Disclaimer: computer geeks like me are … well, maybe not the last people you want to consult on economic issues, but we're pretty far down the list. Nevertheless, let's see if we can contribute anything useful in the current brouhaha about the "Enron Loophole".
If you don't know what the Enron Loophole is, Google is your friend, at least in the sense it will lead you to a lot of people talking about it. For example (as I type), there's a news story headlined "Obama calls for 'Enron Loophole' to be closed"
Obama made the proposal just as his chief spokesman blasted former Texas Sen. Phil Gramm, a close friend and campaign adviser to Republican presidential contender John McCain, who Democrats say created the loophole in 2000.
Ah, it's beginning to make a little sense. A WSJ blog notes:
There are a lot of warning flags here. First, partisan points are
scored, always a signal that the truth is almost certainly not
the driving force behind this.
we note the obvious scapegoating of
"speculators," a relatively tiny number of easily-demonized
who perform a function that only a minuscule fraction of the citizenry
It's great political
theater: Congress gets to "do something" about
oil prices, hopefully impressing the
without actually making any tough decisions that would
directly impact large numbers of people.
Also note Corzine's comment about "too much speculation". Sure. Governor Corzine knows what the "right" amount of speculation is, and that regulatory legislation will get it exactly right. And if you believe that, I have approximately 932 e-mail messages from Nigeria that will make you a fantastically wealthy person.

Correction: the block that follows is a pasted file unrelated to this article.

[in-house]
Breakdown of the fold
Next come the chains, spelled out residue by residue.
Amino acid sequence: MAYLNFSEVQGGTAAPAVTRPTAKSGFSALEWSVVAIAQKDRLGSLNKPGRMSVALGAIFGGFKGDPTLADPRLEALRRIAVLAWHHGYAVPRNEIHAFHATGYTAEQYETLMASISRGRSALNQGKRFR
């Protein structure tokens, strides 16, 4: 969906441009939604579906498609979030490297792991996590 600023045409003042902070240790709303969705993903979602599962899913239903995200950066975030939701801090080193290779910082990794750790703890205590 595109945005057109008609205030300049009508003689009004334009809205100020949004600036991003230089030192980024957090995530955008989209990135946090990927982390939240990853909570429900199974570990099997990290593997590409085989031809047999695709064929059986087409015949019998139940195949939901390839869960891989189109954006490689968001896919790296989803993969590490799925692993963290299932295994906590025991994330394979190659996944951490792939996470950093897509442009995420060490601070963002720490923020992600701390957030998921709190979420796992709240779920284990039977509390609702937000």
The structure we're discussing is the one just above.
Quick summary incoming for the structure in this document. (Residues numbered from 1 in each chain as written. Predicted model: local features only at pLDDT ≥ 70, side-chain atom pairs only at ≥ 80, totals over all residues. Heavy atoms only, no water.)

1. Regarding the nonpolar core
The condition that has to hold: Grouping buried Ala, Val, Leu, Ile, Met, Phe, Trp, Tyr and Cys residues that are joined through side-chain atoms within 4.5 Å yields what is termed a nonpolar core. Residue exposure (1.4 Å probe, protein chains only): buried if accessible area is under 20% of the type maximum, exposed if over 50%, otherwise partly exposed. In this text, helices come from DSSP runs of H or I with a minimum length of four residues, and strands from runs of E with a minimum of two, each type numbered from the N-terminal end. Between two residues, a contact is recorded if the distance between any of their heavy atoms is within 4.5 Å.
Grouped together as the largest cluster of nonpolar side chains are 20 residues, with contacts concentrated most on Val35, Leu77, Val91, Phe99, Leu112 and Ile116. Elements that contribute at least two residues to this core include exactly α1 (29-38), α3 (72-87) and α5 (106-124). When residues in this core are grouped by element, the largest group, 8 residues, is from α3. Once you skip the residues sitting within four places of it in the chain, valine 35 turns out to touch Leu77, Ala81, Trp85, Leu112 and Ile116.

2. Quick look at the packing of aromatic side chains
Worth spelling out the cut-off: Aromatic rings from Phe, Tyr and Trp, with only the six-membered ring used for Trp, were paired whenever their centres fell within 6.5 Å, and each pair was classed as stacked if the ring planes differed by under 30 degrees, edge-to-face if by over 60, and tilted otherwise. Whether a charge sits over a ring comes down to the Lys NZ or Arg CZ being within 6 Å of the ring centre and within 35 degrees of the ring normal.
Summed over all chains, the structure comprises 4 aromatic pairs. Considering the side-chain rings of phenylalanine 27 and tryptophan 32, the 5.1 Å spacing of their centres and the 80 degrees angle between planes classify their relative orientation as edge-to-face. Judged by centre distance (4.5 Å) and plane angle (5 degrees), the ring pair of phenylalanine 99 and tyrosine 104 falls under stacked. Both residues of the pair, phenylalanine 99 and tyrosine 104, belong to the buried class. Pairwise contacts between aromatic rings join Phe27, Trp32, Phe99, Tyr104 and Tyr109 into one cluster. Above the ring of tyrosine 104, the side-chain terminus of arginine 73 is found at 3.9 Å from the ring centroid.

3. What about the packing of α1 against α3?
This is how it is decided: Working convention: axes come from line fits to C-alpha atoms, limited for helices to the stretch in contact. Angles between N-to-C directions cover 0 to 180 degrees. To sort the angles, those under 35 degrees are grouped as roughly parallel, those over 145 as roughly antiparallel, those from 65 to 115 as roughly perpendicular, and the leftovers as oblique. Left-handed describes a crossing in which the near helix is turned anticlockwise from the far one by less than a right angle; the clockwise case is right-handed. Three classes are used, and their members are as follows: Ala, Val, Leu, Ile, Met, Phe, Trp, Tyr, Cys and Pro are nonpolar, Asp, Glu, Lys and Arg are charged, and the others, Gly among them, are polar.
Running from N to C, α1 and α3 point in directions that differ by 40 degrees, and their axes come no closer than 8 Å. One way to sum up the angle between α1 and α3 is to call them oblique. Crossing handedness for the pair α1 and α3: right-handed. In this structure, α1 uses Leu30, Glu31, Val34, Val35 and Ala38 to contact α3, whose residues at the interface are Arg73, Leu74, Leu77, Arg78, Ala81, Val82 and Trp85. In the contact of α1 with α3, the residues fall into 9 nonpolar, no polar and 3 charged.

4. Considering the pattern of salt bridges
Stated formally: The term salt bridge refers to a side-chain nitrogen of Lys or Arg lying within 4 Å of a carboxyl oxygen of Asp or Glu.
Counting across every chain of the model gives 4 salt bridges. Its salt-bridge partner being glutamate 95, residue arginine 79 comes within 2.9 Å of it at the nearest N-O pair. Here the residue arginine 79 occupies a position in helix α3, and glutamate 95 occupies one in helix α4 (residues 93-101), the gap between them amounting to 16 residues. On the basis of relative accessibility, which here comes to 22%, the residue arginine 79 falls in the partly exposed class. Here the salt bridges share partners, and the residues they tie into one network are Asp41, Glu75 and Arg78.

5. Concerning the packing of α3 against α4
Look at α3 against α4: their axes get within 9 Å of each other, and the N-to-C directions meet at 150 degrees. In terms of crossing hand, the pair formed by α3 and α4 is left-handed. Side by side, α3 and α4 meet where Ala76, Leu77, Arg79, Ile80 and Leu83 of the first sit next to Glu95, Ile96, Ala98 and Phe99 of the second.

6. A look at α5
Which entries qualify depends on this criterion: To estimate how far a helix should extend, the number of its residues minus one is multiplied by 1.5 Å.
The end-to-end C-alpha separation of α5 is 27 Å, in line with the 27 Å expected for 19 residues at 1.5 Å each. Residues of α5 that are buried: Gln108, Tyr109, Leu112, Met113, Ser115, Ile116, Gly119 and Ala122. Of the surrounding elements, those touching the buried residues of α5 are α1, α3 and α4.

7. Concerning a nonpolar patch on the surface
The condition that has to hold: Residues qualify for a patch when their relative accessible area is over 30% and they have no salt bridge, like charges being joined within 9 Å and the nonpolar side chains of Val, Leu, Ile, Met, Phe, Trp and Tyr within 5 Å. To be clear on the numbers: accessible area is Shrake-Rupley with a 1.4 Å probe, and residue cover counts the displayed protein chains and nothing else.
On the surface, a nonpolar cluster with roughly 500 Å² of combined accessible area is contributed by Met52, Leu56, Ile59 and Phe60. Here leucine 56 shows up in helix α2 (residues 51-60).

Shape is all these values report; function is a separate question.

And finally, the term "Enron loophole" is Lakoff-style "framing": setting the terms of the debate by rhetorical capture of an ad-worthy term. Nobody likes "loopholes"; everybody knows we're supposed to despise Enron. (And I guess we're not supposed to ask, despite having that loophole going for them, how they nevertheless crashed and burned.)
Onward: also high on the Google hit list is www.closetheenronloophole.com, a website set up to advocate government action to, well, close the Enron loophole. The site reeks of demagogic populism:
Families and small businesses! Victimized by that fancy-dressin' coldly aloof guy with the cigar! The site is hardly reticent:
Yes, that's an all-uppercase dirty-word PROFIT. Who are the brave profit-disparaging folks behind this website? Aaaallll the way down at the bottom of the page:
The Petroleum Marketers Association of America. They have a their website here.
Hmmm. On the face of it, not exactly a bunch of grassroots citizens rising up in righteous anger. But they also have "Platinum Partners":
- Altria Corporate Services/Philip Morris, U. S. A.
- BP Products North America, Inc.
- CITGO Petroleum Corporation
- Chevron Products Company
- Federated Insurance Company
- National Biodiesel Board
- R. J. Reynolds
- Shell Oil Products US
- UST, Inc
- Valero Marketing and Supply Company
Ah, yes. The normal coalition of left-wing socialist wackos who treat PROFIT as a dirty word.
My BS detector is beeping like mad. But there's one more test. Does Paul Krugman join in the partisan scapegoating? Let's check his NYT blog. Here's a gem:
The short answer is that I think his testimony is just stupid.
As a second data point, note that another reliable Democratic partisan, Brad DeLong, simply quotes Krugman on this issue without quibbling.
DeLong and Krugman are the dogs that don't bark on this issue. If they could join in the GOP-bashing chorus about oil speculation, they'd do it. As near as I can tell, they're not. What does that tell you?